I have the good fortune of working in a building with a lot of nuns — both those who wear the habit, and those who don’t.  I can always tell when I’m around a sister who isn’t in a habit.  Oh, she may look like anyone else.  But there’s something different.  There’s something in the way she stands, the simple but sensible clothes, the impeccable grooming and sturdy, upright posture that just says “I’m a bride of Christ.”  When one of these women steps on the elevator, I instinctively find myself standing straighter, patting down the cowlick in the back of my head and silently worrying if I remembered to zip my fly.

So I was pleased to see Elizabeth Scalia tackle the habit issue over at her joint, bouncing off this interesting piece by David Gibson on “traditional” sisters. Elizabeth makes some thoughtful points:

Within the church the subject of nuns and sisters, and who are the “authentic” ones, can get people screaming at each other from the rafters like almost nothing else. You can see it in the comments thread of Gibson’s piece and in pretty much any online piece discussing nuns. There are some who insist that the only “real” nun is a habit-wearing one, and others who argue that the “real” sisters are the ones who have shed the habit and taken on a full engagement with the world, times and trends.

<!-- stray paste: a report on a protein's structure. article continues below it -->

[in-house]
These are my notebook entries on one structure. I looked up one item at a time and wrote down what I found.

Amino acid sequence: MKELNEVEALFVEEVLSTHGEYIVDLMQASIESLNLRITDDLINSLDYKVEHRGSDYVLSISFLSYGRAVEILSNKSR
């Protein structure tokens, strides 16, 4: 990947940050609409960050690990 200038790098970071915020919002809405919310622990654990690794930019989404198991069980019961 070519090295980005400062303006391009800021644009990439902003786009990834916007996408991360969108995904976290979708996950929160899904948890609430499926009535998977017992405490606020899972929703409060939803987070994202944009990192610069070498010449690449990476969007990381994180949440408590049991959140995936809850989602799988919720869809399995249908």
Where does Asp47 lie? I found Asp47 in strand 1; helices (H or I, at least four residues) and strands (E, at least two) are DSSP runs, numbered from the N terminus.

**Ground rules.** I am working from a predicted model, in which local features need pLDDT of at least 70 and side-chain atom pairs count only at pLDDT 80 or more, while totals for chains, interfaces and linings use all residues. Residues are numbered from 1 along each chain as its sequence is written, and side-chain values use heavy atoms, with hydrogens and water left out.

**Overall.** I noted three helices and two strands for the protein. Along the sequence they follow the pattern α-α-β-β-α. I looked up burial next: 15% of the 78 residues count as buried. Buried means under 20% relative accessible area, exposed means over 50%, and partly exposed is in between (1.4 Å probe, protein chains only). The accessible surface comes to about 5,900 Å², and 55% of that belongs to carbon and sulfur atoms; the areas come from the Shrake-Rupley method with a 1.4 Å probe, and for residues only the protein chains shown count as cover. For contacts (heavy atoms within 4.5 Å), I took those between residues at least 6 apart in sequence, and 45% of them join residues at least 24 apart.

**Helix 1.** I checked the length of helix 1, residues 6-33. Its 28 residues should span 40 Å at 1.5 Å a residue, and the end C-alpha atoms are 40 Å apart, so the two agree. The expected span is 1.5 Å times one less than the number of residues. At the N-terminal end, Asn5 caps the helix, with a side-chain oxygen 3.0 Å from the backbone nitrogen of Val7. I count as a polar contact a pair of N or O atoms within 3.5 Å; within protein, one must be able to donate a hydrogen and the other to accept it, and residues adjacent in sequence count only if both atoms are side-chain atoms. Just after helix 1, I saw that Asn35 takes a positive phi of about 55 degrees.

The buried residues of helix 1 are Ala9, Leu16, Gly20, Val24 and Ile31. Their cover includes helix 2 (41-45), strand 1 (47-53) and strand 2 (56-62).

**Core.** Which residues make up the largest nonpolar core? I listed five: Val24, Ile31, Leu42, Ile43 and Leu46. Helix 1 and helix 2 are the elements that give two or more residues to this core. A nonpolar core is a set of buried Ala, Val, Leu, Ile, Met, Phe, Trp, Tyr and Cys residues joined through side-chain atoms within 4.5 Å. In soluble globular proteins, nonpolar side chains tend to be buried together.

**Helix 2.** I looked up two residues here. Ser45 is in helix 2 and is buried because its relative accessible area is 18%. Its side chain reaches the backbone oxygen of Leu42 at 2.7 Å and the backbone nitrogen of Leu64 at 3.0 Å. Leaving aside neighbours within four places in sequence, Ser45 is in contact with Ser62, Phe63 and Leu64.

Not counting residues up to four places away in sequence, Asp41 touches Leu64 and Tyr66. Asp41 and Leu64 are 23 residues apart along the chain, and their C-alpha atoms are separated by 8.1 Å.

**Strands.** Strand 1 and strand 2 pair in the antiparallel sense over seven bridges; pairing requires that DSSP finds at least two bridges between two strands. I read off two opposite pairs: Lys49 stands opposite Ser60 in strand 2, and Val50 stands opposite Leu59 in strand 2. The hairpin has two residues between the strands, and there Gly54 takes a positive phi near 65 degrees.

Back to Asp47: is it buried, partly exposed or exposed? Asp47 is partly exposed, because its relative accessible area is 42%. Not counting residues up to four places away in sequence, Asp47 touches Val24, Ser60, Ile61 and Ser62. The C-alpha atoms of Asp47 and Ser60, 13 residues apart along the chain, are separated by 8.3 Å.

Personally, I think the truth lies somewhere in the middle — that the authentic religious life must have within it elements of commonality, prayerfulness and contemplation in order to foster strength within the community, but must also be attuned to (as opposed to “in-tune” with) the times, if a group is to render clear-headed service to the church.

Putting monastic orders aside, because monasticism is very different from the apostolic religious life, it’s worth thinking back, in a very general way, to how most (not all) female religious orders were formed and how their communities developed spiritually and socially.

She does a great job of looking at the history and traditions surrounding a couple of orders in particular, and deftly debunks the idea that the only “authentic” sister is one wearing a veil and long flannel skirt.  Read the rest. 

Things aren’t as simple as black-and-white (or brown-and-beige, depending on your order…)

Meantime, Raymond Arroyo was on CNN the other night, discussing the Dolan-at-GOP-convention story, and when the anchor suggested the Democrats might invite a nun to speak at their convention, Arroyo replied, eyebrows arching heavenward, “If so, hope it’s someone with a habit.  We expect our nuns to have habits!”

And so it goes.

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